Christmas Lights: Illuminating Our Holidays Since The 17th Century
Right after Thanksgiving, out come the Christmas lights. Some neighborhoods have contests to see who can outdo the other, and the competition is fierce, but Christmas lights are a grand tradition that used to be much harder to do and more dangerous than they are now.
I’ve seen some houses where homeowners go all out and have coordinated music syncing with the lights. Syncing the lights with the Trans-Siberian Orchestra seems to be a fan favorite.
How did this fascination with lights during the Christmas season begin? Early on, before electricity was widely available, folks used to light their Christmas trees with candles. This custom dates back to the 1660s in Germany.
In 1856, President Franklin Pierce brought candlelit trees to the White House.
Using candles was problematic because keeping them on the branches was hard. People would use needles and melted wax or string to keep the candles on the tree in place without much success.
In 1867, Charles Kirchhof patented a weighted candle holder, trying to improve the stability of the candles. In 1878, Frederick Artz invented a clip-on device to hold the candles in place.
There still was one major problem: Fire. Christmas tree fires were so common that by 1908, insurance companies warned they wouldn’t cover any losses caused by Christmas tree fires.
In 1917, a house fire from a candlelit tree gave a seventeen-year-old, Albert Sadacca, an idea. He and his family hailed from Spain, and they produced a novelty wicker bird cage that lit up. He strung the cages together and painted the bulbs green and red. He and his brothers formed the NOMA Electric Company, and their name became infamous in the Christmas light industry.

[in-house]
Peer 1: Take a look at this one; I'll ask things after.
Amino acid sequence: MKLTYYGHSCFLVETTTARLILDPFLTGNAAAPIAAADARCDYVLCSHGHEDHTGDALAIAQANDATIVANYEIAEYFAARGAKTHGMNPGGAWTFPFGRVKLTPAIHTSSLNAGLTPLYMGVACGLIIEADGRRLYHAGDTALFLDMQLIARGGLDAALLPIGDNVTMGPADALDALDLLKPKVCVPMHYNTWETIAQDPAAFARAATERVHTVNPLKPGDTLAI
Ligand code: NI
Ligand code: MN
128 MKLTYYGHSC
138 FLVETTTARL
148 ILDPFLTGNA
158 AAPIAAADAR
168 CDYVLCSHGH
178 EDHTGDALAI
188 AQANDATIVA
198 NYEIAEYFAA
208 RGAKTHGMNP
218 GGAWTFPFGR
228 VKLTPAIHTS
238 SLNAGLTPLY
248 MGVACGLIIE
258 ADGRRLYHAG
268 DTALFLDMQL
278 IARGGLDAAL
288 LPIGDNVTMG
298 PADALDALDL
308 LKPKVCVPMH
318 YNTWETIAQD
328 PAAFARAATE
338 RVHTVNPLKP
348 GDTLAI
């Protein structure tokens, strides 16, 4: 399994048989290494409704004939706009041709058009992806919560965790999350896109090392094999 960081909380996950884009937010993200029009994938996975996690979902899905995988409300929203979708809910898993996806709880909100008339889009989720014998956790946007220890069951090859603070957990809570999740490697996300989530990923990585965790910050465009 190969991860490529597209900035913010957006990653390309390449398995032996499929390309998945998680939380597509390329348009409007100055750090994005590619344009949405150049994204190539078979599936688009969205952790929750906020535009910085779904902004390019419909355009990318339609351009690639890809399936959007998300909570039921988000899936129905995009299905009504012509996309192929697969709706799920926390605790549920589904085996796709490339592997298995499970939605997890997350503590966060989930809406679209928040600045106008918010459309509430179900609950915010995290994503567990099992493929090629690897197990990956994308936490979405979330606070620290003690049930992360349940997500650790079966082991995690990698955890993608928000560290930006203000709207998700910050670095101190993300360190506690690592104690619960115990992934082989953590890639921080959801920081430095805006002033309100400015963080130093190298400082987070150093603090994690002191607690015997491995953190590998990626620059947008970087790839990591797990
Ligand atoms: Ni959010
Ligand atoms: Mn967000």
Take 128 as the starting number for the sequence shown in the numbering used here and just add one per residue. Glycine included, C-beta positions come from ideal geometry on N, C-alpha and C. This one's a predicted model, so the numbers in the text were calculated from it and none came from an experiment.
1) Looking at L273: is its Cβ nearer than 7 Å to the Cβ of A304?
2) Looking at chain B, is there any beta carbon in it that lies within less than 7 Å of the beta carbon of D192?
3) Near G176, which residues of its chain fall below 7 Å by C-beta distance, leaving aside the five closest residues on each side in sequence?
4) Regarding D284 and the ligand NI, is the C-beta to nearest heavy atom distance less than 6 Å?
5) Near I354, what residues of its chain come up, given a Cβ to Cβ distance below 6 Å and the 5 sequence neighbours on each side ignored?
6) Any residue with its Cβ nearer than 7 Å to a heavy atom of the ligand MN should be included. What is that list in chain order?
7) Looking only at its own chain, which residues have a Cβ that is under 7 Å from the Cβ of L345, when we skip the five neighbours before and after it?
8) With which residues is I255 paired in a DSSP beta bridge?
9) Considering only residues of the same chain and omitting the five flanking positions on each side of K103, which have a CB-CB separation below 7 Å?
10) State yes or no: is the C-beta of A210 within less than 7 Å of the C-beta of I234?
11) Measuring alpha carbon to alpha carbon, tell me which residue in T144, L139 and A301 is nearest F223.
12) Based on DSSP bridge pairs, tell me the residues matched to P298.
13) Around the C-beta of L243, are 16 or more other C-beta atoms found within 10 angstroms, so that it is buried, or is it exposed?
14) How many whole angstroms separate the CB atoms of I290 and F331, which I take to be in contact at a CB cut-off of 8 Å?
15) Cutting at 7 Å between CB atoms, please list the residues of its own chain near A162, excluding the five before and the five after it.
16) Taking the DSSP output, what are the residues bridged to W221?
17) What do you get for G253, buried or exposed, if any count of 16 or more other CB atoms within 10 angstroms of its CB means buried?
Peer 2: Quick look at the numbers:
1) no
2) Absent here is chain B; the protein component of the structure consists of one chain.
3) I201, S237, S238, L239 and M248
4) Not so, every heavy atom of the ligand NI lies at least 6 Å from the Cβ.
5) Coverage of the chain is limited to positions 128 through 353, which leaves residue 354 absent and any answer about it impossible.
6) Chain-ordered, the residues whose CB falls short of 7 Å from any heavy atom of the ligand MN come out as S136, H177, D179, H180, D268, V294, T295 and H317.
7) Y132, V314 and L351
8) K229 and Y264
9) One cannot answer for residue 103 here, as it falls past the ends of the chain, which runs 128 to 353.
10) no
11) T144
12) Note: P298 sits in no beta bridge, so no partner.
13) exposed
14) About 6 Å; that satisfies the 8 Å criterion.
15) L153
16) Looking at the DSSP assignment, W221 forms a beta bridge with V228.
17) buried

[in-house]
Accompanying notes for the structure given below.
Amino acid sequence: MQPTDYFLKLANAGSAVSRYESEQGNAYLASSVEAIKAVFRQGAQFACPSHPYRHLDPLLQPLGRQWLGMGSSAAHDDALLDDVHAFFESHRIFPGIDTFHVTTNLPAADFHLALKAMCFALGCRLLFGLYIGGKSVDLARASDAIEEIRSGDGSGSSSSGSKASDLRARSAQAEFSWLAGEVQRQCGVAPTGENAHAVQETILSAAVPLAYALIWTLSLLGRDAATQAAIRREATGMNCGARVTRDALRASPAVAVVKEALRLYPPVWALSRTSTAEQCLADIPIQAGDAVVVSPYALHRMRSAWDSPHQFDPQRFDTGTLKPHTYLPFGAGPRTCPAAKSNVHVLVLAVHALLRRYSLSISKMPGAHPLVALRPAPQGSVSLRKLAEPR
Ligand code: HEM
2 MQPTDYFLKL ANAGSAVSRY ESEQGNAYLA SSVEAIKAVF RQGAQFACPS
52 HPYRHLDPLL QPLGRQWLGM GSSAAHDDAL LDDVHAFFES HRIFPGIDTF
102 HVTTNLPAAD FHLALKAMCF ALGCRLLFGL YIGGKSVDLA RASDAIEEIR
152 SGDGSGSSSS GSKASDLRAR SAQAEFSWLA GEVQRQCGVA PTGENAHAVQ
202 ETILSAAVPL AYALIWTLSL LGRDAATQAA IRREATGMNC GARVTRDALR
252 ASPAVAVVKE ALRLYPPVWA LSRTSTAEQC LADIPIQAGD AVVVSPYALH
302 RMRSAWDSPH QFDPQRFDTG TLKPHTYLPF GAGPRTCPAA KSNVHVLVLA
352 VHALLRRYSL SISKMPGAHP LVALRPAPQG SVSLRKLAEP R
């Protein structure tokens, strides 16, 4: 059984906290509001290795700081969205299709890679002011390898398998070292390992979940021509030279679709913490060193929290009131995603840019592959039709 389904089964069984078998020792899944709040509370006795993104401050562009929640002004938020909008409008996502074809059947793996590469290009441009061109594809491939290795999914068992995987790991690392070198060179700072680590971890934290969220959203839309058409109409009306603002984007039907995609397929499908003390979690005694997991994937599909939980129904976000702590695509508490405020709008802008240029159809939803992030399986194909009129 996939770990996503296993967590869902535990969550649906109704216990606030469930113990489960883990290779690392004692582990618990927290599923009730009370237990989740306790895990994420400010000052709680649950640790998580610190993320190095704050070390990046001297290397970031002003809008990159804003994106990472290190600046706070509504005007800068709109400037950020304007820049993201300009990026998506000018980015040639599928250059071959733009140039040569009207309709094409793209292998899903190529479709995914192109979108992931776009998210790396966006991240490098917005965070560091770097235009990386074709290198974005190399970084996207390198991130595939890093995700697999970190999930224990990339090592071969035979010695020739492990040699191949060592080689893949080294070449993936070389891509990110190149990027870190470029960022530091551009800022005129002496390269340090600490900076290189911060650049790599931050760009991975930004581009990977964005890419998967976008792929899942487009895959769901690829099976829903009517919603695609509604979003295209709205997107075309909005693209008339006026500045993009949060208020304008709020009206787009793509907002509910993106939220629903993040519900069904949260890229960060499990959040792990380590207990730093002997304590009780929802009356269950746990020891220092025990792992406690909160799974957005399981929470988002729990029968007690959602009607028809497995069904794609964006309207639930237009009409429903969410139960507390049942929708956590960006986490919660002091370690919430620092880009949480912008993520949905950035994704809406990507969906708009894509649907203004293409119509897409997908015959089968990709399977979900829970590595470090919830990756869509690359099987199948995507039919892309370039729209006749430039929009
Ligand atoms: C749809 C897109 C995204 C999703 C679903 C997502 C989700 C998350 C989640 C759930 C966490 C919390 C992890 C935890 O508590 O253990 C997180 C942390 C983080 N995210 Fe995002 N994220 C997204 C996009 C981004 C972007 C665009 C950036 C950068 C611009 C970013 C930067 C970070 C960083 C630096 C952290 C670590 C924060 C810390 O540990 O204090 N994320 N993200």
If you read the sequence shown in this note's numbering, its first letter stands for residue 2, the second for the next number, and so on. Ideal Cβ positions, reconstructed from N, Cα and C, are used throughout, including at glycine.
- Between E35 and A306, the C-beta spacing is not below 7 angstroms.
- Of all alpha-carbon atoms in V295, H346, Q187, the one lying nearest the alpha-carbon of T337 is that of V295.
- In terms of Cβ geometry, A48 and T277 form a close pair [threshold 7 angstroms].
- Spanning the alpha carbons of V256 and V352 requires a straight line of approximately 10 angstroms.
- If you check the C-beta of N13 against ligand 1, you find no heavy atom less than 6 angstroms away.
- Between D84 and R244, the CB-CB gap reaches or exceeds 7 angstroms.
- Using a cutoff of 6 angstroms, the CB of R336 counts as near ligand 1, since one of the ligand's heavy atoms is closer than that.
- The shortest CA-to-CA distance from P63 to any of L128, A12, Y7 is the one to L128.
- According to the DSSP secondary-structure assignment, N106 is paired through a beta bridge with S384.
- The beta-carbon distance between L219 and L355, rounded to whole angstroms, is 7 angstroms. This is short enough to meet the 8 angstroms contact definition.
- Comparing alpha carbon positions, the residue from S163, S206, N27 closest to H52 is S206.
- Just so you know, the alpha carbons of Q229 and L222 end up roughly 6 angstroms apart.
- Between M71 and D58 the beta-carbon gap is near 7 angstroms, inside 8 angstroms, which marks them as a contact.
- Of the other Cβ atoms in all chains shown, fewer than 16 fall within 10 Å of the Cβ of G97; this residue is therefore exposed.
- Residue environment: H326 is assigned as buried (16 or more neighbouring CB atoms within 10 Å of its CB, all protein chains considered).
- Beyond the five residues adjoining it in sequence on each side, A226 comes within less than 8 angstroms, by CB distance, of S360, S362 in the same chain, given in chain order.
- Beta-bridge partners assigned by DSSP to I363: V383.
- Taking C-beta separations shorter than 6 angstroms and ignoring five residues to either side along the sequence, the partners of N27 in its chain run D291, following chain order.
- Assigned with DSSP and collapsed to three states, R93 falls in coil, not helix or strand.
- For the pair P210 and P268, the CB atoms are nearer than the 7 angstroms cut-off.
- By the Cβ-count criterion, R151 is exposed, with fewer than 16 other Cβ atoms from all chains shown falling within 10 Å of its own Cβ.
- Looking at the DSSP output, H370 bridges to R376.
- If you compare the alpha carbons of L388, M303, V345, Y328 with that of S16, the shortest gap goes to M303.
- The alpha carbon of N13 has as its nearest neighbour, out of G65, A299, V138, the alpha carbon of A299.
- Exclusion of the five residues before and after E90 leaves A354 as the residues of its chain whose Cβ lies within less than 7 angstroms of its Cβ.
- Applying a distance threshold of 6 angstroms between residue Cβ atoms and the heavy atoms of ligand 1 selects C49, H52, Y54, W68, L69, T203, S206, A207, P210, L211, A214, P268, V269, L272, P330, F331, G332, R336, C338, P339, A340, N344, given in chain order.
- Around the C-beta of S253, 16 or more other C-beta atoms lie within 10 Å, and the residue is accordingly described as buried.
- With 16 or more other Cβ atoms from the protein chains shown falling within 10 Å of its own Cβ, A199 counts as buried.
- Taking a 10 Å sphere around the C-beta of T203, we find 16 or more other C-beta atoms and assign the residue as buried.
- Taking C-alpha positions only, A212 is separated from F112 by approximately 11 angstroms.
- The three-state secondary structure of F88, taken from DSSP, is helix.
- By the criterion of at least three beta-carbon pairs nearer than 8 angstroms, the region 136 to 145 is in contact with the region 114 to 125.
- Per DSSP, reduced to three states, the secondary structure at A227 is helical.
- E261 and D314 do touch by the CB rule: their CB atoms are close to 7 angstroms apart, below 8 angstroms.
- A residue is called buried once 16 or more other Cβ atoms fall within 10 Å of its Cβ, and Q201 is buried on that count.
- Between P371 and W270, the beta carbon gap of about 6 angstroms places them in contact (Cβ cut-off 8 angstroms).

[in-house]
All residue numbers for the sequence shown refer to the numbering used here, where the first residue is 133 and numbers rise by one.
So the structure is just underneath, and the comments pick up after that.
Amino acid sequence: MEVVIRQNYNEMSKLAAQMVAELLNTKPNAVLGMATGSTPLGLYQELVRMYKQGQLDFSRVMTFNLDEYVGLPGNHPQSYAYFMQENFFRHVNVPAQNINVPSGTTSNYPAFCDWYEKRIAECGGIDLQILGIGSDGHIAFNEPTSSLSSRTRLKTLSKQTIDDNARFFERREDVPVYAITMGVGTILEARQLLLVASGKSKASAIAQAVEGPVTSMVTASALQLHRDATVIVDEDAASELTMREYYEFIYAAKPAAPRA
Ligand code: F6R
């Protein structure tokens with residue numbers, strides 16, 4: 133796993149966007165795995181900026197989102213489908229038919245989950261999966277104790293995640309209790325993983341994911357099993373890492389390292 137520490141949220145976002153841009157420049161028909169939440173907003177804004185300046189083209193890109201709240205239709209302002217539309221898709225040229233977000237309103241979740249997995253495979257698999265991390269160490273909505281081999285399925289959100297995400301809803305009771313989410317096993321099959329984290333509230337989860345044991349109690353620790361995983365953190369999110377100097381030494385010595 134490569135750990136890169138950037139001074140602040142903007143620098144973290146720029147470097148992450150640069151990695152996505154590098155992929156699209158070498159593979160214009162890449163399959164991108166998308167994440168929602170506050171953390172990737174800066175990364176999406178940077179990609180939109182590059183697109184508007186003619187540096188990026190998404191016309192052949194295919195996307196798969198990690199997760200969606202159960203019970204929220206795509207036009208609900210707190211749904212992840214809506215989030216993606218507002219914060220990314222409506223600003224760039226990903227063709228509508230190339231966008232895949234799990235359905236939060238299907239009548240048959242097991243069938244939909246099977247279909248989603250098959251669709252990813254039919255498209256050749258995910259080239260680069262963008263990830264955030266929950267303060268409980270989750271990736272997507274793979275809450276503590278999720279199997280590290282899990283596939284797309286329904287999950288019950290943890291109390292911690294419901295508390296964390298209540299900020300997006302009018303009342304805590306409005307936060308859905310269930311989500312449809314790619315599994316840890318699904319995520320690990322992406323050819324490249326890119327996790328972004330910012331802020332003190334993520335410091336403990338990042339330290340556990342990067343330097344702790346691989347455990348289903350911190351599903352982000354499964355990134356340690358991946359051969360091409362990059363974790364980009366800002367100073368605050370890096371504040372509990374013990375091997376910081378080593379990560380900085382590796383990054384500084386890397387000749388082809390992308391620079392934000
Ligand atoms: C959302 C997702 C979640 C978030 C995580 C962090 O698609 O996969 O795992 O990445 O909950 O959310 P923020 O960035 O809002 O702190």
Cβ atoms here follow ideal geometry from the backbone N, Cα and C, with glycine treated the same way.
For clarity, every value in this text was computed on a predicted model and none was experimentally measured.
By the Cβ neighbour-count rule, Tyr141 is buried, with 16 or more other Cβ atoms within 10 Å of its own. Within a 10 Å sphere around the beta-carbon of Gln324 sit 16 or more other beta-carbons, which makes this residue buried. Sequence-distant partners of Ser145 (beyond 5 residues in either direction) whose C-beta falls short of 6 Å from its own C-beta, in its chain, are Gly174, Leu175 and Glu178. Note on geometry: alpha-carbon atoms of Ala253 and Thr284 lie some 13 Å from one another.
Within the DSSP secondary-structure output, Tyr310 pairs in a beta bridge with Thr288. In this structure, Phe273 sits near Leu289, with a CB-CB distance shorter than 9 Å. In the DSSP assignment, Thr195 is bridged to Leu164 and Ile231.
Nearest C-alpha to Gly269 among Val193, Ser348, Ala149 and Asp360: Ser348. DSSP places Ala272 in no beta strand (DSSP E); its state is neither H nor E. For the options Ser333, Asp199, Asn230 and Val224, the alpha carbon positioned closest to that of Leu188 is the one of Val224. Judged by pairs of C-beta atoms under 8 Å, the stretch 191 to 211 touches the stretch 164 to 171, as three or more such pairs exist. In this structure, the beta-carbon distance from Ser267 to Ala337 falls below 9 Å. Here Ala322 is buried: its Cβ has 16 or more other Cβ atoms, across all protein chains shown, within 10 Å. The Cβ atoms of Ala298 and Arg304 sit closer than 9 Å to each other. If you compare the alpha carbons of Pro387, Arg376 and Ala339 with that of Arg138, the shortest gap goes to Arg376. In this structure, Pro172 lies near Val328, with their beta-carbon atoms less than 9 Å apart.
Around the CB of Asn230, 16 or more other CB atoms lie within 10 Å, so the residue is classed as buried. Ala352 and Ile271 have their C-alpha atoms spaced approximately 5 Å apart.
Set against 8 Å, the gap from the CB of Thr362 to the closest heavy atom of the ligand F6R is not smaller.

In 1880, Thomas Edison created the first string of Christmas lights that he hung outside his lab in Menlo Park. His friend and associate, Edward H. Johnson, made the first string of Christmas lights meant for a Christmas tree. His string of Christmas lights had red, white, and blue bulbs. Christmas tree lights were born.
In 1903, General Electric began offering Christmas tree light kits to the public. These were reserved for the wealthy as they were expensive and required an electrician to install them. The NY Times dubbed them “extravagant.” Even with the great invention of electricity, there was still much distrust. By 1884, only ten percent of Americans had electricity in their homes.
On Christmas Eve 1923, President Calvin Coolidge celebrated the holiday and lit the National Christmas Tree on the Ellipse, south of the White House, with three thousand lights.
The Potomac Electric Company proudly lit up the holiday handily, to adults’ amazement and children’s delight.
Electricity also caused fires. In 1943, Bing Crosby, of the “White Christmas” fame, lost his Toluca Lake mansion on 10500 Camarillo Street due to faulty Christmas tree lights wiring.
His wife, Dixie Lee, home alone at the time with their four boys, was taking the Christmas tree down. She had just put the boys to bed and returned downstairs to see the tree in flames. She raced upstairs, grabbed the boys, and ran to safety next door to Crosby’s brother Larry’s house. The Crosby home went up in a flash.
It was a twenty-three-room mansion that took four engine companies to fight the blaze. Firefighters could only save the living room, kitchen, and servants’ quarters. Crosby lost all of the memorabilia he had collected over years in show business and his pipes, vinyl records, trophies, and awards. Crosby found one charred sports shoe, but he was grateful his family was safe.
I remember getting burned when I touched the old-fashioned Christmas lights as a kid. Then came the mini-light, which didn’t burn quite as hot as it did back in the 1960s. Today’s lights are much safer, especially with the birth of the LED bulb, which uses less electricity and are cool to the touch.
Christmas lights bring out the kid in me. I’m excited to see the displays each year, and they keep getting better and better. So get out there, take a drive and enjoy the displays in your neighborhood. It’s a great escape from our screens and an opportunity to take in the holidays’ sights, sounds, and traditions.
(Featured image: Wikimedia Commons)
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